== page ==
Dalit Lynching at Dulina: Cow – Protection, Caste and Communalism, http://www.pudr.org/sites/default/files/pdfs/jhajhar.pdf, Accessed on 17/04/2014, 12.30 am
 For further details refer, D.N. Jha, The Myth of the Holy Cow, Matrix Books, New Delhi, 2001
 A Graphic Illustration of the Injunctions According to the Hindu Shastras is available on http://www.hindujagruti.org/hinduism/knowledge/article/why-does-hindu-dharma-prohibit-consumption-of-non-vegetarian-food.html. Accessed on 16/04/2014, 11.30 pm
 A Woman must be ritually pure to cook in Hindu households.. For details refer, http://www.mahavidya.ca/wp-content/uploads/2008/06/mutter-veitch-tiana-food-in-hinduism.pdf, Accessed 17/04/2014, 12.40 am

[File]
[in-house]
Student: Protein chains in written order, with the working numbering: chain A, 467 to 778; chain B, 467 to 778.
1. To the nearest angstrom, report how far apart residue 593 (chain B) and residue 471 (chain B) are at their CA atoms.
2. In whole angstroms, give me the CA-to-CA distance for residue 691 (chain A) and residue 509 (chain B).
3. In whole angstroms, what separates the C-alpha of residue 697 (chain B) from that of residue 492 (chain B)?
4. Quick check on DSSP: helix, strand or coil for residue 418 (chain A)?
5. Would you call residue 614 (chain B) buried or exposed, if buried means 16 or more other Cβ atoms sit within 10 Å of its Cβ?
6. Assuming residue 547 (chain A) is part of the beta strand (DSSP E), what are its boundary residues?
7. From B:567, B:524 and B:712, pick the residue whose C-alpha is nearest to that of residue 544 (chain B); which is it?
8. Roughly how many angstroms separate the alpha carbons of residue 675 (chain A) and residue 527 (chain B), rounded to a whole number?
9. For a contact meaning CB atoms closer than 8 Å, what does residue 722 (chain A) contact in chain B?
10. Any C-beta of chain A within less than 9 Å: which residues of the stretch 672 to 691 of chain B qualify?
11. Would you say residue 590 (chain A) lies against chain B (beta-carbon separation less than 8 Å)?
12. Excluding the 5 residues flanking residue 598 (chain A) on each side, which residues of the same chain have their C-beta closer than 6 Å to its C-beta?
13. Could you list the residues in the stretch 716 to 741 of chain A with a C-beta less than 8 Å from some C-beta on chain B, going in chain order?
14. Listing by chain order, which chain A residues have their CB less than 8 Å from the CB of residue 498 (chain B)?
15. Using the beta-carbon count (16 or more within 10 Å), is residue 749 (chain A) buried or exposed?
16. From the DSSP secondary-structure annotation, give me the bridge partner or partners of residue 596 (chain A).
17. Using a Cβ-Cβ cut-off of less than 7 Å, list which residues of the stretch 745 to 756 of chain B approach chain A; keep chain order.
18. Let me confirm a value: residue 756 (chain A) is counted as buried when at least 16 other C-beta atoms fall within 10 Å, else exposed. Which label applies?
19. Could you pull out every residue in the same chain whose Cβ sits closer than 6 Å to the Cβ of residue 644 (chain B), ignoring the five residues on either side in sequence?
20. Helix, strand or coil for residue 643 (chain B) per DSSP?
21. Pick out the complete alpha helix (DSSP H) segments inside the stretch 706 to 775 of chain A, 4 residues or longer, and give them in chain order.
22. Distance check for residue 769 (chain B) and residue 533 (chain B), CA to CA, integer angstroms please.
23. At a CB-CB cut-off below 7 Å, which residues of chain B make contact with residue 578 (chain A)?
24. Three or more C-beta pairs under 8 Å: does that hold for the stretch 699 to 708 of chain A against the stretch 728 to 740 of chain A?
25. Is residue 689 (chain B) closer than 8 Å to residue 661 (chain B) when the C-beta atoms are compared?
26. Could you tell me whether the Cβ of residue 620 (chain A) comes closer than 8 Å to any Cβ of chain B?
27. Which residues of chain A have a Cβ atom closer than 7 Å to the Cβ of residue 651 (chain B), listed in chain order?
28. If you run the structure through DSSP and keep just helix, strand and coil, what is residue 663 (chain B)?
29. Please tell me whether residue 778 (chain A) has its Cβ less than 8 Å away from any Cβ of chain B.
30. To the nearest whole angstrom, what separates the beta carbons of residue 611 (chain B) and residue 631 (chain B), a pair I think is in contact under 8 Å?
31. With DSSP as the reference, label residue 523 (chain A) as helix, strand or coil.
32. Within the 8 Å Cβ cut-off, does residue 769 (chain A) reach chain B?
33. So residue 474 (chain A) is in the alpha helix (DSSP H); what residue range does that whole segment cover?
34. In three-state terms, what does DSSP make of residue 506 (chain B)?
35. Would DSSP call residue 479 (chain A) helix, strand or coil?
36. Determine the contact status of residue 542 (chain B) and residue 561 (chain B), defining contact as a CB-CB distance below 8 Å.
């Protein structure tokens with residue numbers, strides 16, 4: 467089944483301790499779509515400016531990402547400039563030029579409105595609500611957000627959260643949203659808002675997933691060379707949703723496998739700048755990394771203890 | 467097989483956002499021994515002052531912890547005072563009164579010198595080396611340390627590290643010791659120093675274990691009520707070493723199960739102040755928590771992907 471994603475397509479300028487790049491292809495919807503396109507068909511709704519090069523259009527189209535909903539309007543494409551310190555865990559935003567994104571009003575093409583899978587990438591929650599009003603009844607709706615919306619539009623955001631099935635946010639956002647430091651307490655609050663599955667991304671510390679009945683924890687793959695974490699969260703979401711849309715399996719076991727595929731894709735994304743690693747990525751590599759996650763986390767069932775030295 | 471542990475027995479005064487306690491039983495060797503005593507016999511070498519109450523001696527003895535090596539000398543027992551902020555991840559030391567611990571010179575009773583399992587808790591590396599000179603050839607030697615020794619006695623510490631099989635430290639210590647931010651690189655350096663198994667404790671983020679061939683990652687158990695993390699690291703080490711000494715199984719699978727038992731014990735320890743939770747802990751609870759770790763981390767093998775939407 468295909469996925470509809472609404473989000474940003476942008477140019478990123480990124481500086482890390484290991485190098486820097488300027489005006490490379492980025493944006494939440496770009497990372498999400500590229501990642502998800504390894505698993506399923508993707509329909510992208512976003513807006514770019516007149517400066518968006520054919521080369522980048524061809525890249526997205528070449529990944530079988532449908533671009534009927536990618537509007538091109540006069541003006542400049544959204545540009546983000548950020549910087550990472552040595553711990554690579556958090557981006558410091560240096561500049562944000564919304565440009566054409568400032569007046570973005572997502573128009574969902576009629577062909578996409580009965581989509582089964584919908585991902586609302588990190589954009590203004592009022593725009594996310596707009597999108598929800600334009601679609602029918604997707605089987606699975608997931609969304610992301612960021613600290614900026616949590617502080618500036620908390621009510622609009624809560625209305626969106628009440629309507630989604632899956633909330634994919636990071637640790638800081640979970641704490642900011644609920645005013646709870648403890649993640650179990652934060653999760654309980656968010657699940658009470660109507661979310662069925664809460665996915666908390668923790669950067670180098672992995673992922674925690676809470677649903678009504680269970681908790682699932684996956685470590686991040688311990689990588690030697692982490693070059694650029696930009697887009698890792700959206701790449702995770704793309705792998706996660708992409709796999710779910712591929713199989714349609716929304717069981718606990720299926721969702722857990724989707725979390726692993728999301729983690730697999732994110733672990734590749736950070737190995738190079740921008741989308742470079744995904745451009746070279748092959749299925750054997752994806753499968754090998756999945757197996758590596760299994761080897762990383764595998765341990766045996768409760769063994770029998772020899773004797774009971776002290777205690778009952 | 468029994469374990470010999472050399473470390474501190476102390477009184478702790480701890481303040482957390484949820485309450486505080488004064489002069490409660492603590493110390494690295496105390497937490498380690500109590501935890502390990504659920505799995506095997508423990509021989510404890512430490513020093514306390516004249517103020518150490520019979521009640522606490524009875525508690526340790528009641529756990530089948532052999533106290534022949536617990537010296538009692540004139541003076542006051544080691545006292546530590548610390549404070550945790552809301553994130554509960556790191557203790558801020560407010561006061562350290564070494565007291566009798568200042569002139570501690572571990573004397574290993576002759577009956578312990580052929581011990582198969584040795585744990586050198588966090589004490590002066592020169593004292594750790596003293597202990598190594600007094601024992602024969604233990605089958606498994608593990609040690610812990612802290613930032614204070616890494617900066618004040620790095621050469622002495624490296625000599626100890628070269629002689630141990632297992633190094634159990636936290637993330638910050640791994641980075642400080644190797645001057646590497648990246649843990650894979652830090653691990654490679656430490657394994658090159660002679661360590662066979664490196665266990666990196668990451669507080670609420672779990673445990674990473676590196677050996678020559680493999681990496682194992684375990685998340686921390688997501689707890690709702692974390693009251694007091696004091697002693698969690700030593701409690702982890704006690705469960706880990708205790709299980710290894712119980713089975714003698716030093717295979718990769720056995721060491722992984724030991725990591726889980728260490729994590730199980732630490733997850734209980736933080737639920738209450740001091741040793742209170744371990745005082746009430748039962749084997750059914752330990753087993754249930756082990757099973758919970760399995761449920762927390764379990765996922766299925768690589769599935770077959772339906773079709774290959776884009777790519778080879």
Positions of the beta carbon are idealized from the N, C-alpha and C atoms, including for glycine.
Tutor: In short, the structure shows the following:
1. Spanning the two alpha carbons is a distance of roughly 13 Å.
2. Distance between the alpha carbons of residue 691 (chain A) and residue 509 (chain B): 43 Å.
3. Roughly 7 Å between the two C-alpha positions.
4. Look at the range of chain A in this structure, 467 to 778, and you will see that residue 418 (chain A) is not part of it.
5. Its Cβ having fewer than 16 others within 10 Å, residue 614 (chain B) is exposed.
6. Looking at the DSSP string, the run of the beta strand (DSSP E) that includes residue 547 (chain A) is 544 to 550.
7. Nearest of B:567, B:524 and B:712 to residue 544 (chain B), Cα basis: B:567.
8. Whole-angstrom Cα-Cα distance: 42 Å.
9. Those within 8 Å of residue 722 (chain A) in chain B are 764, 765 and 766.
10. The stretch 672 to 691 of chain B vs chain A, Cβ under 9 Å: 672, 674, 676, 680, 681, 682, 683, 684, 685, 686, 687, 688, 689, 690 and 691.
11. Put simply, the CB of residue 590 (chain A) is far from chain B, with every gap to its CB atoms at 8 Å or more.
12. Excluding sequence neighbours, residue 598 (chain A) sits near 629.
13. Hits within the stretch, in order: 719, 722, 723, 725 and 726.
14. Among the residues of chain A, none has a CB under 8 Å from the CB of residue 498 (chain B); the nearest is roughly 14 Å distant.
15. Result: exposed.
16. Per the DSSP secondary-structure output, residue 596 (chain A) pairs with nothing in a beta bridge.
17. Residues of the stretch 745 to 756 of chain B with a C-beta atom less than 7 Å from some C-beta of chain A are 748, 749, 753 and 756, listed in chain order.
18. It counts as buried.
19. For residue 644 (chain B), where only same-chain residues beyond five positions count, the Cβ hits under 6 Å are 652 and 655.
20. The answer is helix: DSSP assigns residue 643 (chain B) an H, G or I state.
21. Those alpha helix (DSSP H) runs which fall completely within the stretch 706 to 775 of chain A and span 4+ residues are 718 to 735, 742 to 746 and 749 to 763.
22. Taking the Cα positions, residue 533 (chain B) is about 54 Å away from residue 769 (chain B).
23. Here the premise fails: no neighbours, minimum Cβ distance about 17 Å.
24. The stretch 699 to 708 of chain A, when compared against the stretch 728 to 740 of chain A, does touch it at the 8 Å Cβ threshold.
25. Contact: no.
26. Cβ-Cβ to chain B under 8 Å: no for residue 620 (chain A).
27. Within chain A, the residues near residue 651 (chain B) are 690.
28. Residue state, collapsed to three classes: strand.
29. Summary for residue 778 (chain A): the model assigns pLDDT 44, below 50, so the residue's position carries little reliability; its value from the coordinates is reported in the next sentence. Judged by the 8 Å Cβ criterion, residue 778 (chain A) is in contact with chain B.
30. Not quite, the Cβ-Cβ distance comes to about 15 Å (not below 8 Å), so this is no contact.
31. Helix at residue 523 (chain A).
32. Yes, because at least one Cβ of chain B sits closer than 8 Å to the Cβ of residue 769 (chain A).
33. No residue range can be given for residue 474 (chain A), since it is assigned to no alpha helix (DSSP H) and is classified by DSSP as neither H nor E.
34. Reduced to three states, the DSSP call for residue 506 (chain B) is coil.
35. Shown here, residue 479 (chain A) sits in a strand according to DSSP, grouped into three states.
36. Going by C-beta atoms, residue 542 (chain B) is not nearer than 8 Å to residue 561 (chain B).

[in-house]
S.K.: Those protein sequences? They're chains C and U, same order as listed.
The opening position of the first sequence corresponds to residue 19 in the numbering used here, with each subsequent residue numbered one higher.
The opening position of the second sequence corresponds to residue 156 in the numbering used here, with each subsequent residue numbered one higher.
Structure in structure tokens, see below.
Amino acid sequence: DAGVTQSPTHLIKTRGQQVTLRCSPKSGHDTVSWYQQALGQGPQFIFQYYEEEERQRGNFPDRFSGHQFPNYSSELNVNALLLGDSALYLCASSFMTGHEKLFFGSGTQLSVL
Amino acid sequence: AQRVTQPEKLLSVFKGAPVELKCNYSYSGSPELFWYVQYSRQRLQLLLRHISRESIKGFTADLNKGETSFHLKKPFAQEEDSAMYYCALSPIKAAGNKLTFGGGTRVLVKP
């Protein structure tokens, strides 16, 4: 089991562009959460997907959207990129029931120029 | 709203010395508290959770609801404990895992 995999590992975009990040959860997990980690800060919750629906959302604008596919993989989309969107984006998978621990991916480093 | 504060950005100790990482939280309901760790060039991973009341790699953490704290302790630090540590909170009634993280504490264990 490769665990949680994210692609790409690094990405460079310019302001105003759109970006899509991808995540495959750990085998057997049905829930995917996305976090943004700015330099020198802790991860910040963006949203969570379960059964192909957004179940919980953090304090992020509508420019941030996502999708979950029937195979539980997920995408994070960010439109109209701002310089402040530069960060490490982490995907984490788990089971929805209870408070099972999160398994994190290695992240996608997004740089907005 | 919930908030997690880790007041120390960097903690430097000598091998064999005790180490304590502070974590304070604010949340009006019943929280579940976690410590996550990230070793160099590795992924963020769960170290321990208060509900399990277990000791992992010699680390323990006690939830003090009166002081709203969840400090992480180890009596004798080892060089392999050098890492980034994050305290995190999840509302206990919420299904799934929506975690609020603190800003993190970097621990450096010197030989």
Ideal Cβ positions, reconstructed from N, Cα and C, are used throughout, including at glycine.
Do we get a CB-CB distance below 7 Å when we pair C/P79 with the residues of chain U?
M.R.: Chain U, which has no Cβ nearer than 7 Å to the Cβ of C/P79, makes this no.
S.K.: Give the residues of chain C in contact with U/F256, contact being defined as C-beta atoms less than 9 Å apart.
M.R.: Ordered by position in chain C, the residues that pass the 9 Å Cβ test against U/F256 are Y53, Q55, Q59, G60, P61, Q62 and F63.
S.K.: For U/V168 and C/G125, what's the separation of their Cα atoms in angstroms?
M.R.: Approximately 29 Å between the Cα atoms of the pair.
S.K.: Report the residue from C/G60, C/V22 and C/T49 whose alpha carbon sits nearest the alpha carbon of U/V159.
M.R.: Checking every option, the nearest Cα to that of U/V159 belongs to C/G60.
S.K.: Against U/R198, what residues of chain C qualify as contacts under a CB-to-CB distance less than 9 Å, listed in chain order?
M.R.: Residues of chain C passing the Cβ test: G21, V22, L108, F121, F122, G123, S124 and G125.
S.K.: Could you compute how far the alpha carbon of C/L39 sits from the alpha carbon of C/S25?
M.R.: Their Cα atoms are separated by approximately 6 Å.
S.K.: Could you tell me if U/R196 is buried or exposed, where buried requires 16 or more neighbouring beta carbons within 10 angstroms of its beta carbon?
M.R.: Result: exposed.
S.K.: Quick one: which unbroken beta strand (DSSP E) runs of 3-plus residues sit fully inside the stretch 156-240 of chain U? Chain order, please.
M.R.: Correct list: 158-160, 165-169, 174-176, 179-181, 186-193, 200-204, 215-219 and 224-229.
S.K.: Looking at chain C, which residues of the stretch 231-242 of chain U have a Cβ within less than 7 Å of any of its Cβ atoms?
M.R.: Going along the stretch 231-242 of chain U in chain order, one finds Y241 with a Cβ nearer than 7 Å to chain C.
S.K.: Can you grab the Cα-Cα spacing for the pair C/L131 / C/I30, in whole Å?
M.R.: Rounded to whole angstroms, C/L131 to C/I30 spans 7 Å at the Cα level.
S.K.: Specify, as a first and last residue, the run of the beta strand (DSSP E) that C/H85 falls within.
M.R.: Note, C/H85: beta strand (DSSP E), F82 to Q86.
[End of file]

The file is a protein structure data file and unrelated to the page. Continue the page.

http://www.airindia.com/inflight-experience.htm, Accessed on 17/04/2014, 11.30 pm
 http://www.hindu.com/2006/06/05/stories/2006060504981400.htm, Accessed on 17/04/2014, 11 pm
 Robin Jeffery, “Missing from the Indian Newsroom”, April 9, 2012 00:29 IST, http://www.thehindu.com/opinion/lead/missing-from-the-indian-newsroom/article3294285.ece, Accessed on 17/04/2014, 11.10 pm
N. Sukumar teaches Political Science at Delhi University. (email@example.com)
Shailaja Menon teaches History at the School of Liberal Studies, Ambedkar University, Delhi. (firstname.lastname@example.org)
Cartoon by Unnamati Syama Sundar.
Picture courtesy: Dalit Camera.